Understanding and Embracing Mindfulness
Mindfulness – it seems like we’re hearing it everywhere these days, in schools, hospitals, workplaces and therapy offices. If you are not sure what mindfulness is, join the crowd – you are in good company!
What is it?
Simply put, mindfulness is the state of being aware of what’s going on both inside and outside of us in the present moment – our thoughts, emotions, bodily sensations, and everything around us. Scientists have studied the use of mindfulness in an array of settings and applications over the past 30 years. There is a large and growing body of scientific evidence of its benefits, which is well-documented in journals and papers.
What happens without it?
During our daily lives of frantic rushing, sensory overload and balancing multiple priorities, there may be an accumulation of tension, or a last straw that pushes us over the edge. The human brain perceives a threat and reacts accordingly, resulting in changes in our brain chemistry and functioning. We may feel amped up, anxious or panicky, or have a short fuse. Muscles may be clenched. We are poised, ready to react, hide, or retreat. Memory and critical thinking become inaccessible as we react to the perceived threat in the predictable ways – yelling at our kids, fighting with our spouse or partner, or disengaging altogether.
How does mindfulness help?
Practicing mindfulness, bringing our awareness into the present moment, allows us to take steps to calm ourselves and regulate our emotions. For adults, this may mean that as we realize we’re feeling distressed, we respond by slowing down and focusing on each in and out breath. When we lose our concentration and notice that angry or anxious thoughts or feelings have intruded, we consciously return our attention back to our breathing, which acts as a kind of anchor in a storm. We remind ourselves not to act until we are calmer.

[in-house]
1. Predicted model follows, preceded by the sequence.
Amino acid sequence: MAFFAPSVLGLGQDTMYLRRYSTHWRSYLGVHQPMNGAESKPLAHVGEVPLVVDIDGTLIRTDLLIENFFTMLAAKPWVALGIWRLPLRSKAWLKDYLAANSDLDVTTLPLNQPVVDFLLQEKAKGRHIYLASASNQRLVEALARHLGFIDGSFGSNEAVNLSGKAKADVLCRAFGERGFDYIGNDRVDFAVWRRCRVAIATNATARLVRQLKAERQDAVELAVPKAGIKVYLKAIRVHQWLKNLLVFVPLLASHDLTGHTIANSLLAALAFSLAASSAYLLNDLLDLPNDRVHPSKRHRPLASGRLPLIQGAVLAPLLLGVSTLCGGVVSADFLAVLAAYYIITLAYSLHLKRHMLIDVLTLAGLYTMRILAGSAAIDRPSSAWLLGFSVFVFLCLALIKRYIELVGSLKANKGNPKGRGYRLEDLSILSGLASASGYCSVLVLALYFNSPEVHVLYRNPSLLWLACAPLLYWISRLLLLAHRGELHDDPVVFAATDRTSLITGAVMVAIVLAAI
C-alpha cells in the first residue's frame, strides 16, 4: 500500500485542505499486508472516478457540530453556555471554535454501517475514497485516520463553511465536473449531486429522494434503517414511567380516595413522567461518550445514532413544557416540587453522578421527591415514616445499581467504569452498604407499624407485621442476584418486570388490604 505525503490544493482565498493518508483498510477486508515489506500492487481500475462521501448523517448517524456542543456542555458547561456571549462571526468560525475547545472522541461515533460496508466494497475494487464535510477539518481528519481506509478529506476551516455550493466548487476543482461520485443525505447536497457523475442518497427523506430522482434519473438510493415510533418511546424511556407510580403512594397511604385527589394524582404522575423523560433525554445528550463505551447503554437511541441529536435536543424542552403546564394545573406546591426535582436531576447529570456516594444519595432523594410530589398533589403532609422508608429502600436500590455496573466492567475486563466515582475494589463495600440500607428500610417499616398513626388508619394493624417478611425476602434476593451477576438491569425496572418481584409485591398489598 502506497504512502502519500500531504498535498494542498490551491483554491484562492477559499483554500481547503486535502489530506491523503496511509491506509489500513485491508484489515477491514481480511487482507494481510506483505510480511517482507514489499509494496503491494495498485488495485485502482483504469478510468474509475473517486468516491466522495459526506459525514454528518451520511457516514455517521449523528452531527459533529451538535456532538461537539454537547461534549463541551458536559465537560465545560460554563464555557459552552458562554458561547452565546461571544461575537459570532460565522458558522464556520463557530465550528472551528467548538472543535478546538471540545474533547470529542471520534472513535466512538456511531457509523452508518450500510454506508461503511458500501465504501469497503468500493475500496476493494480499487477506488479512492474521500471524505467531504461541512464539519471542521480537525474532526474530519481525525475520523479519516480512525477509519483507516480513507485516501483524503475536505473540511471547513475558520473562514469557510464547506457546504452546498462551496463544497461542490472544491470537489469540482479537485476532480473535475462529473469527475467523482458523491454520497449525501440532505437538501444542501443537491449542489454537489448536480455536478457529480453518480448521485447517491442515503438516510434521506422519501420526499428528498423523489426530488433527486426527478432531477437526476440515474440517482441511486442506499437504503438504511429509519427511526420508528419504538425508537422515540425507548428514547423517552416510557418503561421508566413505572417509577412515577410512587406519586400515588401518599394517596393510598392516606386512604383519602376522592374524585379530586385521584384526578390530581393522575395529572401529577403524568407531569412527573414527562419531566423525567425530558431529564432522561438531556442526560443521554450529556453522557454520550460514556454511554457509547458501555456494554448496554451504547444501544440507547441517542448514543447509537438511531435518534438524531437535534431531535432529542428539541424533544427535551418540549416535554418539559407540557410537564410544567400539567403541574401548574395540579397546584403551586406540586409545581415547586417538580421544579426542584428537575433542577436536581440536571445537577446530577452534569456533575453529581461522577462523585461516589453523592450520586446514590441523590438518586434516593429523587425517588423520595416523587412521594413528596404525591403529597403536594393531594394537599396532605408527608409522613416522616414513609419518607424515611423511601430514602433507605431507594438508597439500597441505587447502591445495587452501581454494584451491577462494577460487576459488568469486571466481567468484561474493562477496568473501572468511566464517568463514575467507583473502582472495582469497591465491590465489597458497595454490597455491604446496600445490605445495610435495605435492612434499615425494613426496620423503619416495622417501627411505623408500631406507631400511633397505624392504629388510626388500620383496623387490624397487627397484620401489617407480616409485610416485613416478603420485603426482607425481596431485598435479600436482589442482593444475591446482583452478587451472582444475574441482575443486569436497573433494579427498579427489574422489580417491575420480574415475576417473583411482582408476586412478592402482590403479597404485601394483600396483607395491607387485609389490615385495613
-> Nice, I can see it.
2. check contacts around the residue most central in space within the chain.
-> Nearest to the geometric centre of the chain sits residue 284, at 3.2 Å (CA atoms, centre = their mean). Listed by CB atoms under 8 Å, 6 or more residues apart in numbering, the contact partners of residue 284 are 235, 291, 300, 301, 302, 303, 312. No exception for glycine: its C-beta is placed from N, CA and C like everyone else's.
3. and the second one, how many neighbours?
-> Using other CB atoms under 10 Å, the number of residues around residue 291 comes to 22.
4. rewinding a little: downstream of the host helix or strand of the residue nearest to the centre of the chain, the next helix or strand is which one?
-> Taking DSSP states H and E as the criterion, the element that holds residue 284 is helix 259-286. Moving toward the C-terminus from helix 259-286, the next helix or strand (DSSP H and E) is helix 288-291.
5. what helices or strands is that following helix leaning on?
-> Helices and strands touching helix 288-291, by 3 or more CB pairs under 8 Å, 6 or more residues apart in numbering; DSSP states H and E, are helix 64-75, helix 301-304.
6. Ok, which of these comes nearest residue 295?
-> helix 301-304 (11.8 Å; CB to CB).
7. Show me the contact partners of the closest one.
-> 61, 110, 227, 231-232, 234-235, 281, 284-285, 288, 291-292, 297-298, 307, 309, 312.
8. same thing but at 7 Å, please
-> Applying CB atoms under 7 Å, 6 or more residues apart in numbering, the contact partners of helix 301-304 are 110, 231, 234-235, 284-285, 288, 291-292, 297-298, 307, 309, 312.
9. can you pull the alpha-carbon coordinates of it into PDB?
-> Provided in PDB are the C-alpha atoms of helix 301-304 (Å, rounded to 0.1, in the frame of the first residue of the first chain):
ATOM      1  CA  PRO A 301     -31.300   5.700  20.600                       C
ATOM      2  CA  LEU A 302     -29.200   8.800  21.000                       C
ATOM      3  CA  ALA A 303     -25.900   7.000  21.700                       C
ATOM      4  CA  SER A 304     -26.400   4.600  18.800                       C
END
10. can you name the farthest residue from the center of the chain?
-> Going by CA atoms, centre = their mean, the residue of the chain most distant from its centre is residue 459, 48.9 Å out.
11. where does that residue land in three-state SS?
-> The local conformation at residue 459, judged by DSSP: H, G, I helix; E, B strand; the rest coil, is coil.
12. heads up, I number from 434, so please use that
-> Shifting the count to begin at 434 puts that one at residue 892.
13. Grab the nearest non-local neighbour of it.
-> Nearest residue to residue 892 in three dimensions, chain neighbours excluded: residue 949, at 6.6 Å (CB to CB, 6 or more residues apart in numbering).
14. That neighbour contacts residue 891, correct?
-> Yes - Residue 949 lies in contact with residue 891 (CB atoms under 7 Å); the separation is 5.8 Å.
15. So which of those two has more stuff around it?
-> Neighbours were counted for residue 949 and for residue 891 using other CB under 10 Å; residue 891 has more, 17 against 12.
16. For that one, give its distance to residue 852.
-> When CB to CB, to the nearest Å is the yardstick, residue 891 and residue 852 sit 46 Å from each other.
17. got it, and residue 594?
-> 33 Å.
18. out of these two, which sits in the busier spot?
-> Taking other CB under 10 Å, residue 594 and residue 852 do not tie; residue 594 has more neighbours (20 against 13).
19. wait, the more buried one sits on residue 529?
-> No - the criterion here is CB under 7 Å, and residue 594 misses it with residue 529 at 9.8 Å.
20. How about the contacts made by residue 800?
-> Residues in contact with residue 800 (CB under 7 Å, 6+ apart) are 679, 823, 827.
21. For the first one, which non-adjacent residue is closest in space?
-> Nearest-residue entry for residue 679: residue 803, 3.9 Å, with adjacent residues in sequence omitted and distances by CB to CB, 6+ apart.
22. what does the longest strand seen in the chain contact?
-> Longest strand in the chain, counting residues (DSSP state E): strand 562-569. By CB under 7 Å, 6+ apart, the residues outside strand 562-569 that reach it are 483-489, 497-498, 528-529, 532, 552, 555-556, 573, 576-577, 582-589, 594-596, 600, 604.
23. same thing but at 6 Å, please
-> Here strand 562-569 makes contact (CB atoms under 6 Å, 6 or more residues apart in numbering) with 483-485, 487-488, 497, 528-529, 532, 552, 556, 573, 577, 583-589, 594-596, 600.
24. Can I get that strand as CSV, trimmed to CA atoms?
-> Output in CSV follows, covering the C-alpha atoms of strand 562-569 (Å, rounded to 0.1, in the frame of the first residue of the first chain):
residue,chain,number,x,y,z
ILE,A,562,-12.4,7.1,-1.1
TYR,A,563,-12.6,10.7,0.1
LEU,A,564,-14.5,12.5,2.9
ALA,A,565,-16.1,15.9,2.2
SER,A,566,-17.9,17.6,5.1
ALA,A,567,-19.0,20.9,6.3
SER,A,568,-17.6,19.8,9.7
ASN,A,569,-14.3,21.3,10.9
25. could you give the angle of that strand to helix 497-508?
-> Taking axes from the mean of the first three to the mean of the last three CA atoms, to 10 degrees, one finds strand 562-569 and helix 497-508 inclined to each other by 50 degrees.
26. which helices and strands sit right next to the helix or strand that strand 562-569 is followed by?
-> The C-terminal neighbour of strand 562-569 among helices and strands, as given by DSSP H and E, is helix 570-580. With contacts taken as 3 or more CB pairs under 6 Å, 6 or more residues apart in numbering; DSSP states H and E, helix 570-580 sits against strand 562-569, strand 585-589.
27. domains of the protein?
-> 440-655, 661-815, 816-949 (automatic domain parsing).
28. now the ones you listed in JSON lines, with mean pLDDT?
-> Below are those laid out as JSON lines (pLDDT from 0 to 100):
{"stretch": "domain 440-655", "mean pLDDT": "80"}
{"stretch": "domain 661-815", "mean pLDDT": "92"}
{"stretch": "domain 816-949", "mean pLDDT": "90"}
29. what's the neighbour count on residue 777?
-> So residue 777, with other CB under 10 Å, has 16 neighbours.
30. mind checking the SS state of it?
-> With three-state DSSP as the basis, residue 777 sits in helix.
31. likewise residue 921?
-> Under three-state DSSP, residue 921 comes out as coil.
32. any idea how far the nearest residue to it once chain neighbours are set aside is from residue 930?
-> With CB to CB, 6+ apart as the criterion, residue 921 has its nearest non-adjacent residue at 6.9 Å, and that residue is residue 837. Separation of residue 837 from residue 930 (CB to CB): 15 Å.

As we slow or stop the flow of thoughts that feed the perception of threat, our brain chemistry and functioning improve and we begin to think more clearly, giving us a better chance of responding in an effective manner.
What about children?
Concentration and emotional regulation are human functions that have been found to benefit from increased mindfulness, and both are pivotal in a child’s emotional and cognitive development and success in school. Mindfulness, or awareness, is a skill that can be practiced and learned, by ourselves and our children. One of the most powerful ways we give mindfulness to our children is by modelling for our kids, being aware of and calming our own distress. We can’t stop the dreaded melt-down before bedtime, but if we catch ourselves starting to feel frustrated, we may be able to avoid having our own meltdown, and our children will benefit.
We can teach mindfulness to children in simple, playful ways. Can they identify five different sounds in a given moment? That’s mindful listening. Could you elicit from your child what he or she is feeling at some point before, during or after their tantrum? Maybe they could describe what happiness feels like in their body, or eat an ice cream in mindfulness, noticing the texture and taste, and the way their throat feels, as it goes down. During exams, they can become aware of anxiety or stress and use mindfulness to calm and to better concentrate. Or perhaps they could use mindfulness to notice what they are doing in a given moment and reverse courses to get a better outcome.
Over time, as we practice coming mindfully into the present moment, our bodies and minds develop the habit of stopping, observing, calming. When we can quiet the chatter in our mind, when we can briefly abandon our angst about the future, or regrets about the past, we reclaim our power.
About the Author: Anne Lipp, LCSW-C, is a JSSA social worker.